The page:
How To Bridge The Healthcare Digital Divide
KIMS is a 650-bed multi-specialty tertiary care hospital where a competent team of specialists and sophisticated technology come together to deliver high-quality medical aid.
With the proliferation of smart phones, usage of internet coupled with the challenges of a busy modern day lifestyle, the way we transact has completely changed to such an extent that availing services online is becoming the first choice for a growing number of consumers. But still, adoption of IT in Hospitals is lagging by about 15 years when compared to its counterparts in Retail and BFSI.
What are the inherent challenges in adoption and why in the first place it is so difficult to target a totally digital hospital? This article attempts to unravel mysteries of the digital divide and suggest solutions with a special focus on Electronic Medical Records (EMR) and Hospital Information Systems (HIS).
The Digital Divide End User Concerns
The main concerns quoted by Doctors on being averse to complete adoption of Computerized Physician Order Entry (CPOE) is the paucity of time, patient safety, solutions are not user friendly, are grossly inadequate and do not suit the workflow of medical practice.
The following are the reasons why we are in this mess on functionality front:
a) Lack of Standardization: There are no industry specific standards or expectations defined on what should constitute a bare minimum functionality.
b) Solution Fitment: Vendors of all size and shape with only technology background have plunged into software development and have contributed to the divide between technologist and clinicians.
c) Usability and End User Comfort: User experience and ease of usage may sound very basic but is significant from one) poor familiarity of usage and second) Poorly designed and Complex interfaces which are cumbersome and consume more time
Technology Issues and Limitations
Technology barriers play their own damaging role in dampening and impairing implementations. The following are some commonly noticed ones:
a) Architecture: The architecture of the system plays a crucial role especially when you want to customize and expand. Check if the solution is Cloud enabled, Mobile Ready, Web Based, and follows Open architecture.
b) Interoperability: On the close lines of the architecture mentioned above is the interoperability
which is a function of integration capabilities and standards compliance without compromising security.
c) Performance: Systems tend to start weighing in as more functionality is added or data gets loaded. From an end user perspective this is a major dampener as Doctors want speed and agility in navigating the patient record
d) Security and Privacy Concerns: Information security need to be looked at in a holistic manner in the entire eco system with a clear strategy, constant vigil and proper corrective measures.
Cost and Implementation Challenges
A large cross section of medium and small hospitals are getting interested to implement systems but are challenged on the budgets as some of the Tier1 solutions are just beyond their reach.
There are no industry specific standards or expectations defined on what should constitute a bare minimum functionality
The inordinate delays in software delivery by vendors is a common challenge across industry. A poorly designed or incomplete system needs heavy maintenance and at the same time the hospital which employs non-standard practices or workflows will ask for too many changes.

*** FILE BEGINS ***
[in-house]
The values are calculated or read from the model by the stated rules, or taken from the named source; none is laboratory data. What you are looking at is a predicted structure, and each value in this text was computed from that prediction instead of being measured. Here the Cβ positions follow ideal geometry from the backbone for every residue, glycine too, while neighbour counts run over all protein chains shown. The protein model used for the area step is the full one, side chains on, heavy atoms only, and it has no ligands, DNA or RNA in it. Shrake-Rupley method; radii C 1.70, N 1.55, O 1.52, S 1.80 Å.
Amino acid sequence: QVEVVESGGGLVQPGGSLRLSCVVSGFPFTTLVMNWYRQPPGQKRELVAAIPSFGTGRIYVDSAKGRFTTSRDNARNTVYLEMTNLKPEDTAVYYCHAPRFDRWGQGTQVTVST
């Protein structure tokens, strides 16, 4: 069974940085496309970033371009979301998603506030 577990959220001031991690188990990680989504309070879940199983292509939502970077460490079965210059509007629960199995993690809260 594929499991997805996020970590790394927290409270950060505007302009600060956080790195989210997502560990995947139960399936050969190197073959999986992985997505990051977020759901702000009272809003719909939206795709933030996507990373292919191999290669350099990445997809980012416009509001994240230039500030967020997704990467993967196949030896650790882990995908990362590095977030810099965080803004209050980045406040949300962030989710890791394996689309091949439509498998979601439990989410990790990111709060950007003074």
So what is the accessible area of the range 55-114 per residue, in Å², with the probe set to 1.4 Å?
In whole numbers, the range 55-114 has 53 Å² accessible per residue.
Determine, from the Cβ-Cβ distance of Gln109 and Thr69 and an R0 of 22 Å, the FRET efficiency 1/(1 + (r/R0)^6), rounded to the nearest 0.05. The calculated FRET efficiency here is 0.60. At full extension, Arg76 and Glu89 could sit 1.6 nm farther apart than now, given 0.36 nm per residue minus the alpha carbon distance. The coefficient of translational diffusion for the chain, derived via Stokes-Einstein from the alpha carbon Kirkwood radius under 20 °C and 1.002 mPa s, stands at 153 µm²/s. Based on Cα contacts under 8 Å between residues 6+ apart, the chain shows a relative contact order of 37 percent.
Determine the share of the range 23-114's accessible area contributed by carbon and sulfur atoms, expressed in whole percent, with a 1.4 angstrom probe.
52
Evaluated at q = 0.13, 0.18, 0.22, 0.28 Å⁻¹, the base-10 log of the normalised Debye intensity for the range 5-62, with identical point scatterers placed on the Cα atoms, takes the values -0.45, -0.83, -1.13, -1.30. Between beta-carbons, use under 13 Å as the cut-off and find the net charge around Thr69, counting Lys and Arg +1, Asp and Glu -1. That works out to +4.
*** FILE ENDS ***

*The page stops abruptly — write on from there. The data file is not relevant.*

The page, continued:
Bridging the Divide
Having looked at the problems that contribute to the digital divide let us now ponder on what are the plausible solutions.
In terms of Management Interventions the following needs to be done:
• Management Commitment: All digitization initiatives need a sound and solid management blessings and backing. To put it simply, it has to be driven by the CEO or CMD office period.
• Organizational Drive/ Change Management: Ensure effective communication and onboarding of all relevant and impacted parties right from the beginning and have their say for example by way of End User Task Force.
• Enablement of the IT Function: IT is usually not given due respect and recognition and in many places reports to Finance or Admin and even HR. This practice has to stop and one need to have an empowered resource at a CXO executive level to lead the team.
• Relationship with the Solution Provider: Given the fact that there are no real ‘off the shelf’ products on the HIS/EMR space the need for changes and enhancements is quite high and so is the need to maintain a close, cordial and mutually beneficial relationship with the solution provider.
• Project Management Approach: All endeavors need to have stated goals, clear start/ end time and should create a unique product/ outcome.
• Emphasis on Training: End user education and training cannot be emphasized more as it decides in many cases the success of the initiative. It is a big challenge to get the doctors and clinical staff time but one has to be persistent in ensuring they do attend.
Following are the technology related remedies to bridge the digital divide in hospitals
• Suitability of the Software: A careful study need to be carried out while selecting the HIS/EMR software suitable to the hospital. There is no ‘one size fits all’ solution out there.
• Focus on Usability: To understand end user perspective, one needs to step into the shoes of the primary users i.e. doctors and do role plays and user stories, reduce the number of clicks and clutter on screen.
• Performance and Speedy Data Entry: The systems need to be optimized to enable quick review and instant storage. Also features such as templates, patient order sets need to be created and actively promoted as they drastically improve the speed to data entry and turn around time
• Integrations: With consistent adoption of HL7 standard more and more machines used in lab and radiology today are integrateable.